For this study, 19 fresh skin samples, approximately 1 mm × 10 mm were removed from the anterior axillary fold to ensure that they were free of actinic damage from sunlight. Immediately after excision, sutures were attached by the surgeons to both ends for tying the samples into the experimental cells and then all samples were placed in physiological saline and stored at −20°C until required. Before mounting in the cells, which have been specifically designed to maintain 100% humidity throughout the experiment, the skin samples were gently scraped to remove the epithelial and the epidermal layers to expose the dermal layer.

These samples were investigated at the BioCAT Facility, Advanced Photon Source, Argonne, USA, using a camera length of 1000 mm. The synchrotron fibre diffraction intensity distributions were recorded on FUJI BAS imaging plates and later extracted by electronic scan. A high precision analysis of the two dimensional data was carried out using the astronomy computing packages IRAF(1986) and SAO Image (1991). All experiments and procedures have been approved by the appropriate Ethics Review Committee of the Institutions.


After completion of the data analysis, only one sample was clearly identified in the set of 19 as having the altered “fetal-like” pattern observed in the eight earlier samples.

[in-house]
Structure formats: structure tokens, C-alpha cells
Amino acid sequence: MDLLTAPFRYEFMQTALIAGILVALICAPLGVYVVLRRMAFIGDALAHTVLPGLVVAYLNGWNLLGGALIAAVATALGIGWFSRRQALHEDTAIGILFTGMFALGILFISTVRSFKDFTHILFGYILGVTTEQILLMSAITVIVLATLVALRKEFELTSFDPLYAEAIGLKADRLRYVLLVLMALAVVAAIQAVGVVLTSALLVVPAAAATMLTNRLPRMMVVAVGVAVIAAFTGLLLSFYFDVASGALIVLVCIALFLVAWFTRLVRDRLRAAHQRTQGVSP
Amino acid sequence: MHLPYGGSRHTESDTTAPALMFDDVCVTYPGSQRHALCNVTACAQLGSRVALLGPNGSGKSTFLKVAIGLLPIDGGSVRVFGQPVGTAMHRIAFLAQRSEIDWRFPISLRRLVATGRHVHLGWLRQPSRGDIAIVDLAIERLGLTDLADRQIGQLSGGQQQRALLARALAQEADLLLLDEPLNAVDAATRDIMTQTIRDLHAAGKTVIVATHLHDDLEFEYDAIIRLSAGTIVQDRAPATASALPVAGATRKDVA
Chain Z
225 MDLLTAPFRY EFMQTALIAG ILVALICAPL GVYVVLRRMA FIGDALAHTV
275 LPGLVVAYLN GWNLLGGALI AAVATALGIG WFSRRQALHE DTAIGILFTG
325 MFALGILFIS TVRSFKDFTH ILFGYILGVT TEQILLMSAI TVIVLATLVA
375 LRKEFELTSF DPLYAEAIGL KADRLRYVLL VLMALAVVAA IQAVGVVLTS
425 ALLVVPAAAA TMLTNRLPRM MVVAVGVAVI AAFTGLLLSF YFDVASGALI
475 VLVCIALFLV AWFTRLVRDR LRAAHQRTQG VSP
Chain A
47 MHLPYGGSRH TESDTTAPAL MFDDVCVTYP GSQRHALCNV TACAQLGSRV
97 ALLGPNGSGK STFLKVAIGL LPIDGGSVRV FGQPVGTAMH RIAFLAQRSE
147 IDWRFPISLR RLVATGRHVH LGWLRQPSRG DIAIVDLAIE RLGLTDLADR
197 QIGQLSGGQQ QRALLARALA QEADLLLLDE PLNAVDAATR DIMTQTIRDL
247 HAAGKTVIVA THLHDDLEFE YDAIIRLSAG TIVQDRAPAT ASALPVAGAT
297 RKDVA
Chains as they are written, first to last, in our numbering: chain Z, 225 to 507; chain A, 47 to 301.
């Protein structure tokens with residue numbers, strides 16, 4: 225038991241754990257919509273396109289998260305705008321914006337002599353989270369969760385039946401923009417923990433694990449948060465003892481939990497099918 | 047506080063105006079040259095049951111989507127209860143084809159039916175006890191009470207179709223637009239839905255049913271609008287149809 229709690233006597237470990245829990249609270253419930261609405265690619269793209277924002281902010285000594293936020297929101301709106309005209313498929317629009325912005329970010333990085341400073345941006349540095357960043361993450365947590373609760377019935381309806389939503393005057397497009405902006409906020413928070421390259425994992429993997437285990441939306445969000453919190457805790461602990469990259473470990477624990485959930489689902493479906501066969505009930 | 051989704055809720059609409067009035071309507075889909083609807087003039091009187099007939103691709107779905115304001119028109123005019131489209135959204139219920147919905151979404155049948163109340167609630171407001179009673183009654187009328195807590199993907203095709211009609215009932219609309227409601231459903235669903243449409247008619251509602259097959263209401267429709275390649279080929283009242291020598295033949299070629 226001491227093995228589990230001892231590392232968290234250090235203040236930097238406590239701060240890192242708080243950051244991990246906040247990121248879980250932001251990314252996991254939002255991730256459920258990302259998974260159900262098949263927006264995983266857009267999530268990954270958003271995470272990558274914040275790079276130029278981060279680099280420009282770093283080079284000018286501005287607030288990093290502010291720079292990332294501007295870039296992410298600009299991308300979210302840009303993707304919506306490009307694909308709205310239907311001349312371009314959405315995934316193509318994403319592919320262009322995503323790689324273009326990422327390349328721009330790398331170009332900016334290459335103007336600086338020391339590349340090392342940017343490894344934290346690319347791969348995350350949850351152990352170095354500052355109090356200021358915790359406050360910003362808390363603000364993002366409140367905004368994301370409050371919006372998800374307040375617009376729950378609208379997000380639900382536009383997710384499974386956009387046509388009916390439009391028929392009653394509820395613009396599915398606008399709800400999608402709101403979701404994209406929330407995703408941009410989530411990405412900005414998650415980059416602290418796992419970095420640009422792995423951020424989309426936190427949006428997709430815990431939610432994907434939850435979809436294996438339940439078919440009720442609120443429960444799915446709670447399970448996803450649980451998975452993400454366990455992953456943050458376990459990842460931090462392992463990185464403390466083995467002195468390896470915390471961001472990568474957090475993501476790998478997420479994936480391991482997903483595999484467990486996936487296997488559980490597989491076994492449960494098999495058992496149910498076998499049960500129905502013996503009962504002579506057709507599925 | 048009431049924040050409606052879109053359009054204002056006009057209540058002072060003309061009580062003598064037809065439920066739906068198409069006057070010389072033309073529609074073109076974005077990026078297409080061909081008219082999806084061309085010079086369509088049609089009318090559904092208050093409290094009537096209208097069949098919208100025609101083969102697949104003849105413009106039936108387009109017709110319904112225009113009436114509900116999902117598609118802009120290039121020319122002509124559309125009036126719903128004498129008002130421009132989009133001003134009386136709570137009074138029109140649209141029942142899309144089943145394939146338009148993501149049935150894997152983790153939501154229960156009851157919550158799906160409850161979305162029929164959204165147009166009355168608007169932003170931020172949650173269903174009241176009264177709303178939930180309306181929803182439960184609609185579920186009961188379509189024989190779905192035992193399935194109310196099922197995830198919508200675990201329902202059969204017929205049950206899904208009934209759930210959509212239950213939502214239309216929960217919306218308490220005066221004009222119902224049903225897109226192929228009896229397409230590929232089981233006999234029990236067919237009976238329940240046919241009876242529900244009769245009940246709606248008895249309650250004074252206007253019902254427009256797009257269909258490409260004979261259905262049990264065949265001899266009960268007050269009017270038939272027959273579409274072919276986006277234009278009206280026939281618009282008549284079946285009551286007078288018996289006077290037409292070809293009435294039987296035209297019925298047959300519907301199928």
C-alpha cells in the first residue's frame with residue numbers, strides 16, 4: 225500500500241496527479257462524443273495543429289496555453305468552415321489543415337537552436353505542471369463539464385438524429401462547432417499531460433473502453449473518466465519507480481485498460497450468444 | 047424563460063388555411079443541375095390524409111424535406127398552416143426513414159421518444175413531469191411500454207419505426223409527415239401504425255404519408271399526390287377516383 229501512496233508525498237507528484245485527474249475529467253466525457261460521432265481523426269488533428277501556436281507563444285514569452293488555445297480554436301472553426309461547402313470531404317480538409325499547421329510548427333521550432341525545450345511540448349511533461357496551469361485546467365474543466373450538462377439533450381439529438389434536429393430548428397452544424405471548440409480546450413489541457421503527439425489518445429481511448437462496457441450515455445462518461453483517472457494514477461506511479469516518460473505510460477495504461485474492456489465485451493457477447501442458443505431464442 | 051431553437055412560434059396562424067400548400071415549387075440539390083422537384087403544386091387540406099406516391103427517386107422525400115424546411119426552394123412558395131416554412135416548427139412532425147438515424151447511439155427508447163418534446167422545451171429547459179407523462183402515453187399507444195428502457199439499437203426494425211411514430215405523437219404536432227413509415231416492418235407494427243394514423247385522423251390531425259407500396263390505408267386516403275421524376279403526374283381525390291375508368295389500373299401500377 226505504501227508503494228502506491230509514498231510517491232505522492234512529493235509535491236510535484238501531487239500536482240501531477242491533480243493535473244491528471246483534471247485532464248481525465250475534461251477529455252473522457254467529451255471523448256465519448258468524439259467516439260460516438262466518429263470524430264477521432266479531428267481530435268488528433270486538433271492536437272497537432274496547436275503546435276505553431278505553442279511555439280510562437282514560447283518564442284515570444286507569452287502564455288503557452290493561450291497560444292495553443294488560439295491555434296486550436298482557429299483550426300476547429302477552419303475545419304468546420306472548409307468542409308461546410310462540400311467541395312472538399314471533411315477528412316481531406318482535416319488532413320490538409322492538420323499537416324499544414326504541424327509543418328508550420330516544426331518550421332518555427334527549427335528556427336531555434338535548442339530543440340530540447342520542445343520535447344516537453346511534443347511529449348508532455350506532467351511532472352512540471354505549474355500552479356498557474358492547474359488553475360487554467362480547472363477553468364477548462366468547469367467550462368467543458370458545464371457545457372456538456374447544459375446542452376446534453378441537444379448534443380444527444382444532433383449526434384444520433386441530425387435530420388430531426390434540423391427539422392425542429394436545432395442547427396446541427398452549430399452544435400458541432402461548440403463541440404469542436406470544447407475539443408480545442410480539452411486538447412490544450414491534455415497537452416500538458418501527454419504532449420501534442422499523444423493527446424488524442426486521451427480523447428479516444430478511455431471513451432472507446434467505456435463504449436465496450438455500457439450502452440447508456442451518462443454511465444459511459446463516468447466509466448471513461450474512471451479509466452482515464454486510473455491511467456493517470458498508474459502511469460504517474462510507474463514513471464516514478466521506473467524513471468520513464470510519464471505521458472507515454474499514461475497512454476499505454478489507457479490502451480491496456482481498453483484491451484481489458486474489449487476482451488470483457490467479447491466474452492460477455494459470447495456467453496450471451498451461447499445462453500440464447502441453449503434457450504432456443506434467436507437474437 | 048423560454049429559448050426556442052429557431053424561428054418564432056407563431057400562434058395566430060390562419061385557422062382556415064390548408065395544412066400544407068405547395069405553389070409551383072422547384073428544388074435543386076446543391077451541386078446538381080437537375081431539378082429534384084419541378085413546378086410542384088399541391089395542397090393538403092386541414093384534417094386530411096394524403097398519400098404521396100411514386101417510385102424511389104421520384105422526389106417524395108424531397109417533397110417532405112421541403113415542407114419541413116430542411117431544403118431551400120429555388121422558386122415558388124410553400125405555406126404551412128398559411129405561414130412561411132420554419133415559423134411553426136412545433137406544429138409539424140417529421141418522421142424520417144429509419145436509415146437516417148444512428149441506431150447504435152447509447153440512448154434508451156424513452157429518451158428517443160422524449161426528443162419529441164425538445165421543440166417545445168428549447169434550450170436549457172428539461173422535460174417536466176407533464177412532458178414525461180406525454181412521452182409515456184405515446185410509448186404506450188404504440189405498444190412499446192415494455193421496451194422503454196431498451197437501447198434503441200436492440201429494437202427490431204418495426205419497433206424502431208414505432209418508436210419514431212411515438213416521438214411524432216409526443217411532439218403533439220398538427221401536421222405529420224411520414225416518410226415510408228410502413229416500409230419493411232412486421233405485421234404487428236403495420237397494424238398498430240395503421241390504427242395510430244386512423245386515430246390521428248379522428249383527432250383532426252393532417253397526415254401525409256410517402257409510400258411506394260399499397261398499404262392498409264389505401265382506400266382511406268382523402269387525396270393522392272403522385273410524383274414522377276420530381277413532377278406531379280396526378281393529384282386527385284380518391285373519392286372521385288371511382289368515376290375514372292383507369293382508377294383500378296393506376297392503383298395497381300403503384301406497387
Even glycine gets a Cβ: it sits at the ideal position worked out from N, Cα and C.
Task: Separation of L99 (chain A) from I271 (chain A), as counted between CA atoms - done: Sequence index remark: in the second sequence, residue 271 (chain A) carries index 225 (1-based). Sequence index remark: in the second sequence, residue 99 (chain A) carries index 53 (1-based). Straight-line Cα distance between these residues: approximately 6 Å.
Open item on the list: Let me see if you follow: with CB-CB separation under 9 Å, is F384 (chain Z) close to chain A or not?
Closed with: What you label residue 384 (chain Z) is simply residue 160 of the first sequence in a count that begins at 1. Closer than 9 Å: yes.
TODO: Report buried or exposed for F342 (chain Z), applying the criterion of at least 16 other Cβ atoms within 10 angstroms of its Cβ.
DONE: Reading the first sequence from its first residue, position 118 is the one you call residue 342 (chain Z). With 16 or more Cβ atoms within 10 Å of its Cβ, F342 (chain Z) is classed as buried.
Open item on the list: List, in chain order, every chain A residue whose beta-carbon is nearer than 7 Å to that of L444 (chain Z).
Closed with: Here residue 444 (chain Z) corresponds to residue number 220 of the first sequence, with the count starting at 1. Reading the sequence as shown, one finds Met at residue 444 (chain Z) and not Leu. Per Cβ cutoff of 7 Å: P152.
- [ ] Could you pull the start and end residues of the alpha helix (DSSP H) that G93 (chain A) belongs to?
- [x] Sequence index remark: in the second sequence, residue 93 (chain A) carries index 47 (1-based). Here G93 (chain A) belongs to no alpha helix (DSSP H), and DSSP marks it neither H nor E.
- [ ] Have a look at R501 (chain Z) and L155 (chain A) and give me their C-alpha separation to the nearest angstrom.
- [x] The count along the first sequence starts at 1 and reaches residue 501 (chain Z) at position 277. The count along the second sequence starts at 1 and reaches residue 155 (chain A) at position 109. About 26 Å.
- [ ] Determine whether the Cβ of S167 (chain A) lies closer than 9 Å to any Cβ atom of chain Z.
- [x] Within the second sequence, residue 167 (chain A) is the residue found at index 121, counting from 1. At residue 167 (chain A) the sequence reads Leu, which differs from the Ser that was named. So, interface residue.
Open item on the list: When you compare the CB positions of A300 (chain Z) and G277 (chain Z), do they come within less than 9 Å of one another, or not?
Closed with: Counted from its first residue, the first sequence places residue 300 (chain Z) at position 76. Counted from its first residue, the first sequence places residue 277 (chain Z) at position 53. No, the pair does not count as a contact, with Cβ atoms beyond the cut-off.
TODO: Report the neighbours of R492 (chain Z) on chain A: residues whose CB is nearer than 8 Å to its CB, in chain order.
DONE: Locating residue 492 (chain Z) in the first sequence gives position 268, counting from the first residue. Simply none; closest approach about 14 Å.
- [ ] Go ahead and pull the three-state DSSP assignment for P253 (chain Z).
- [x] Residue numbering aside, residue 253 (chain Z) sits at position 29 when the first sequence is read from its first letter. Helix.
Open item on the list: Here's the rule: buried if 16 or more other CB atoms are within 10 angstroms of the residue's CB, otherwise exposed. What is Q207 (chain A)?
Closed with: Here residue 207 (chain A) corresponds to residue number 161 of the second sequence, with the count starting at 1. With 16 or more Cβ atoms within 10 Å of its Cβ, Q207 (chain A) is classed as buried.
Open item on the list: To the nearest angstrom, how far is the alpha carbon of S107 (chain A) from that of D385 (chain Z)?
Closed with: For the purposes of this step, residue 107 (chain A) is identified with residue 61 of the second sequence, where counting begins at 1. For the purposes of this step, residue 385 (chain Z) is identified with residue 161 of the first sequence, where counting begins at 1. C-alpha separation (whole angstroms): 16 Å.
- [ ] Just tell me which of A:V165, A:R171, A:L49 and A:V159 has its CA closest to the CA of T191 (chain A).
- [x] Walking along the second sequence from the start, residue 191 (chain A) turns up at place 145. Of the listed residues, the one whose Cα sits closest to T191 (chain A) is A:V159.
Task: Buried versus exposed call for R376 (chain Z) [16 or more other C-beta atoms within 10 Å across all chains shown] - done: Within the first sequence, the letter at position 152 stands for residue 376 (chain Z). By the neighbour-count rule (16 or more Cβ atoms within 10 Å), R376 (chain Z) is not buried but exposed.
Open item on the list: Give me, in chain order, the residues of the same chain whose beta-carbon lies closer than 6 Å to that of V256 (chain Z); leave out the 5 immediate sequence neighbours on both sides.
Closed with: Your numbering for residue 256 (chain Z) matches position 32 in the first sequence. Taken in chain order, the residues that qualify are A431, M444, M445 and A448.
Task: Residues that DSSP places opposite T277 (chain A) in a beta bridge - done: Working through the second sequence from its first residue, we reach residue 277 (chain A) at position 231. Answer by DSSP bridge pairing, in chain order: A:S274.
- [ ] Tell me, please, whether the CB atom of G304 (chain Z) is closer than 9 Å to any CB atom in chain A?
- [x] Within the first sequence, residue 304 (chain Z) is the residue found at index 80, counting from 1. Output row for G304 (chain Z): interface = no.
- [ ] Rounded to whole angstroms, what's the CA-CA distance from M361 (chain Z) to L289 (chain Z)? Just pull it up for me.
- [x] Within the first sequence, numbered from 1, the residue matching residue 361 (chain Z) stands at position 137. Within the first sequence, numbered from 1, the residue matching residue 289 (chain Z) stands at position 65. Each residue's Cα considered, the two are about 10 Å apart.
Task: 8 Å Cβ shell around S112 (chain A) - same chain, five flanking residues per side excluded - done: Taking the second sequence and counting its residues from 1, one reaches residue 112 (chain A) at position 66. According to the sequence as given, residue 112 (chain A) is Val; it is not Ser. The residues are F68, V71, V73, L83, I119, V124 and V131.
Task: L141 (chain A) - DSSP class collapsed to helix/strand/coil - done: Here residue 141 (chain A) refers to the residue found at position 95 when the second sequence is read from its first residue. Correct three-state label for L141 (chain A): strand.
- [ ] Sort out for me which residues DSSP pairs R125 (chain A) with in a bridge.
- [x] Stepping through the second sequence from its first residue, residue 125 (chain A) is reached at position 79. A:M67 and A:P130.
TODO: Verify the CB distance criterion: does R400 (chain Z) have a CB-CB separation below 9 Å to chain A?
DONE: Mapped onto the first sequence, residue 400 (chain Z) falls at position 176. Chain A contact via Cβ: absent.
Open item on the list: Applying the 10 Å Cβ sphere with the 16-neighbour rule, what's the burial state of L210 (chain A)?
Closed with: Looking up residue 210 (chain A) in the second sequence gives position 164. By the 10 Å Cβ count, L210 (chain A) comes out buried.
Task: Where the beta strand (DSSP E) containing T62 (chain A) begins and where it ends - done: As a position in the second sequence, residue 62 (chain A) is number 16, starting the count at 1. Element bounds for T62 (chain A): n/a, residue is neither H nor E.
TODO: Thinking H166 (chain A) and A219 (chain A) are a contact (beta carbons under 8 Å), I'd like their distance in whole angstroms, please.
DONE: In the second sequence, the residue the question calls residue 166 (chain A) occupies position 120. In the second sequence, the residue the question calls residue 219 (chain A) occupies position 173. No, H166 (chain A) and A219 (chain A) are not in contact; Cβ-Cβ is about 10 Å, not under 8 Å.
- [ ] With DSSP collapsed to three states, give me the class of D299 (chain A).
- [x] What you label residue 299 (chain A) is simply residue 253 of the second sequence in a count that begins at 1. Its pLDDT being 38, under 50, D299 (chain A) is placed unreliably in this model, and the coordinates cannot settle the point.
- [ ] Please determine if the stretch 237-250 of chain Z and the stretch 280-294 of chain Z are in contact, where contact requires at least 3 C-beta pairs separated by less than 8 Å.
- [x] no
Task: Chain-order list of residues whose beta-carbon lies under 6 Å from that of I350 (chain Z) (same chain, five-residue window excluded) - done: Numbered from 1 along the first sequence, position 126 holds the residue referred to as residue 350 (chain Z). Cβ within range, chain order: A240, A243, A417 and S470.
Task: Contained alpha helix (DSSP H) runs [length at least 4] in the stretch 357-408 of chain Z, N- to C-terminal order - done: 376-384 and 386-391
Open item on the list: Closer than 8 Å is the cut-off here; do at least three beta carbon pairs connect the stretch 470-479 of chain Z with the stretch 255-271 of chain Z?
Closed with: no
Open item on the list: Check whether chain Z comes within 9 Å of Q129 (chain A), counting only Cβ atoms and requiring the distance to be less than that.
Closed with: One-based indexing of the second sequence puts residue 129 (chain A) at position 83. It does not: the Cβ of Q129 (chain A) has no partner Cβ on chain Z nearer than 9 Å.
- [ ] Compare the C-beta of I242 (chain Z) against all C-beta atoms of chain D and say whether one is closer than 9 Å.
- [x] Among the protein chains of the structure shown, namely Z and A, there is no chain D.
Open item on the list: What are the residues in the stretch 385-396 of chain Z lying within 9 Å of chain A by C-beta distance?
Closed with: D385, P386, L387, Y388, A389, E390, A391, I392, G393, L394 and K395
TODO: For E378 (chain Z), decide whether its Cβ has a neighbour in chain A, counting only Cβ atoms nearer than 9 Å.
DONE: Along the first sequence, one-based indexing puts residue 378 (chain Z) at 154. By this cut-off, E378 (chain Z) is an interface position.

At the conclusion of the analysis, it was shown that all 19 volunteers involved in this experiment had recently undergone their annual check ups, which included pap smears and mammography, and all were declared to be in perfect health. The person identified as having the altered pattern was subsequently determined to be the only one in the set with a familial history of breast cancer. Her sister and all maternal female relatives from the previous two generations had died of breast cancer. Although the experiment was carried out with the approval of the Ethics Committee of the hospital, the participating surgeons were unaware of the family histories of the volunteers before the results of these experiments were known, making this a totally double blind experiment. Statistically, the possibility of correctly identifying this person is of the order of 1 in 500 000.


The authors would like to acknowledge the financial support of the Access to Major Research Facilities Program which is funded by the Commonwealth of Australia, of Quota International Inc, and of the Associates of the Camden Valley Golf Club. Use of the Advanced Photon Source was supported by the US Department of Energy, Basic Energy Sciences, Office of Science, under contract No W-31-109-ENG-38. BioCAT is a National Institutes of Health supported Research Center RR-08630. We would also like to express our thanks to the technical staff of BioCAT for their assistance in setting up the equipment and to Colin Gageler for his assistance with the data analysis.